Puukko (with two k’s) knives really used to be part of the everyday attire of Finnish men in the countryside, more so in some parts of the country than others. Puukko knives were basic tools rather than weapons, although you could of course use one for self-defense in a pinch. Whether they had anything to do with Finnish soldier’s dislike of mounted bayonet use is another matter. Probably more important was relatively little bayonet combat training for conscripts and not much emphasis on it in the infantry combat doctrine. Officers just didn’t order fix bayonets all that much. One reason for that might have been the large percentage of long M91 Mosin rifles used by the Finnish army throughout the war(s) despite domestic developments of the Mosin-Nagant; the long rifle with a bayonet was just too clumsy for trench fighting.
Any idea why the “traditional” Ostrobothnian Puukko so often had a horse head on the end/pommel? I’d often wondered about that.
Note that approximately 1/3rd of the Red Army kills attributed to the farmer Simo Häyhä were carried out with the kp/31 Suomi SMG.
His rifles used the straight no-pistol-grip version of the Mosin-Nagant rifle. The m/39 service rifle was adopted in 1939, but there were only five finished by the time of the Soviet invasion. Also recall that at the time of the Soviet-Finnish war, that Nazi Germany and Soviet Russia were actually allied with each other via the Molotov-Ribbentrop Pact with its secret clause dividing the Baltic States, Poland, etc. into respective spheres of influence. The m/39 has the pistol-grip stock, and while it is the creme de la creme of Mosin-Nagant service rifles, only 120k were ever made, and many of those post-WWII. The M91, M91/30, and Finnish civil guard and army rifles M28, M28-30, M27, etc. carried the burden of rifle tasks during the 1939-1940 Talvisota and the 1941-1944 Continuation War, particularly in the former.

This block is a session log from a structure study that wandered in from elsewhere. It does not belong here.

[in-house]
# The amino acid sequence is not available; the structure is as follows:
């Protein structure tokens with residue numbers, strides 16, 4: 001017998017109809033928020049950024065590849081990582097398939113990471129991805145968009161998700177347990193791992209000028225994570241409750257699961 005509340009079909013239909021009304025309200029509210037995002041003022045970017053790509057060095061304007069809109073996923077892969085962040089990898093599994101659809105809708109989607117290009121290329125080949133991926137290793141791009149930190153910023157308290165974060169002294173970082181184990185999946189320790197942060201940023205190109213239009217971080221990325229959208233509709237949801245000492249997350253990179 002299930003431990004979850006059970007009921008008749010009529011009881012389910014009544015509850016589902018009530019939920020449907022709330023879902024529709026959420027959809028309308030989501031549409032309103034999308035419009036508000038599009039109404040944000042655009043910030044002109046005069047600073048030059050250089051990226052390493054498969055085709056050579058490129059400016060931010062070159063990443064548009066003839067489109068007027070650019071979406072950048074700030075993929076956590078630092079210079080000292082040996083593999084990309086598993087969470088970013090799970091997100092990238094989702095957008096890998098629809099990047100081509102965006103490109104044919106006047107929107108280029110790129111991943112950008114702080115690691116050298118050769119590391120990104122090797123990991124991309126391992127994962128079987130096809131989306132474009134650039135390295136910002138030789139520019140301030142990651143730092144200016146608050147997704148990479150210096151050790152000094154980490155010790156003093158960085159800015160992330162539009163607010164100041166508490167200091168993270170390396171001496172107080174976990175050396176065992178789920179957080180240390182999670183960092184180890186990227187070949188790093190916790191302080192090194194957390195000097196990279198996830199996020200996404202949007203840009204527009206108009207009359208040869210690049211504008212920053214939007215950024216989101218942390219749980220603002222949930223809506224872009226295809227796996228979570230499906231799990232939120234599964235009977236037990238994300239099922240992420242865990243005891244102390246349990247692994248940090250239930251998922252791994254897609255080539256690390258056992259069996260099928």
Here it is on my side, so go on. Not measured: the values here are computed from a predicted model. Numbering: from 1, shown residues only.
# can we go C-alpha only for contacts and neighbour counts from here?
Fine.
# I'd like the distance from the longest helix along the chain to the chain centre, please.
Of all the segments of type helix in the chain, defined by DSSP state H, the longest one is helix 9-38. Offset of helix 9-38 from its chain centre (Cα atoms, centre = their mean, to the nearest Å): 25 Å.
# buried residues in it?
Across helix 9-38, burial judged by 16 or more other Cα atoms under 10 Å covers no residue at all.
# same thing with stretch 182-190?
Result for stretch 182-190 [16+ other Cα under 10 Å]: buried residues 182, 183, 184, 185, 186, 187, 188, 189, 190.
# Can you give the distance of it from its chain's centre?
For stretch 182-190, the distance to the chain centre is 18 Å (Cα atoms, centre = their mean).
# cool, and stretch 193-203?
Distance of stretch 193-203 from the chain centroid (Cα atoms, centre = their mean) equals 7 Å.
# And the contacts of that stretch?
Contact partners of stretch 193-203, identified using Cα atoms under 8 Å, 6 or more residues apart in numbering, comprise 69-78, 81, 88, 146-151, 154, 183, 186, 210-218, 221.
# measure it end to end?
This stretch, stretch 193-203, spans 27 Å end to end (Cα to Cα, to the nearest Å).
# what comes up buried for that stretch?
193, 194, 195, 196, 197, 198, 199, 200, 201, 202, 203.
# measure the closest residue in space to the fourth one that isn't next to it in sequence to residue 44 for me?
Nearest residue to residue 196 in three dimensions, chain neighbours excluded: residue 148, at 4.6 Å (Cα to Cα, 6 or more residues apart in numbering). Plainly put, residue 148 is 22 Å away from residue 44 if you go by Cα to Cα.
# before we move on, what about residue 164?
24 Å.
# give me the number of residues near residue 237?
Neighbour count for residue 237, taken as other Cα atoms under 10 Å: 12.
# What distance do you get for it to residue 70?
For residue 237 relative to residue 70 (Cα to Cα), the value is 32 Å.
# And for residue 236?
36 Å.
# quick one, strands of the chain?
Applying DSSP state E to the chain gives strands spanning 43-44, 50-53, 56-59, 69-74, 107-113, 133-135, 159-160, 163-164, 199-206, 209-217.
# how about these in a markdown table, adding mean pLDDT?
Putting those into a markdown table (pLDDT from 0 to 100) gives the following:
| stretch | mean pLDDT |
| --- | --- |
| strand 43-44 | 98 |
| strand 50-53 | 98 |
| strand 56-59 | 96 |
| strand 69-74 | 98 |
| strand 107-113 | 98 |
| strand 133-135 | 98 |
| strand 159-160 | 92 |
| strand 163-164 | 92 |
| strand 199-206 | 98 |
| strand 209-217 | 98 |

Apparently the Puukko in Russia is the “Finnka.”
The horse head motif on the pommel is a fairly common but far from universal on South Ostrobothnian puukko knives. I do not know if it had any specific significance, but my guess would be that horses and owning several horses were an important status symbols in the agrarian culture of the 19th century (and earlier, and not only in Finland). Southern Ostrobothnia was traditionally a wealthy area (albeit with mixed fortunes in the late 19th century) and the owner of such a knife probably just wanted to show his status with an appropriate decoration on the pommel of his puukko. In the 19th century, unlike today, all puukko knives were still more or less custom made, either by local blacksmiths, or in the centers of puukko culture like Ostrobothnia by specialized puukko smiths.
The horsehead was originated in Kauhava by Iisakki Järvenpää and his cousin Juho Lammi and is a de facto trade mark for knives from Kauhava. The inspiration is said to come from a horsewhip seen by Lammi during military service as a dragoon in the 1880s
Thank you for the correction and additional information. It’s always nice when someone has actual certain knowledge instead of suppositions. I don’t pretend to be any kind of expert when it comes to the various puukko knife traditions of Finland.
I think there might be something of a cultural aspect to it all, as well. The Prussian Jager movement did not “do” bayonets very much, either–It was all, as near as I can tell, either rifle fire or dire, desperate hand-to-hand with improvised weapons. And, since the Finns drew a lot of their military culture and tradition from the Jager movement, well… Yeah.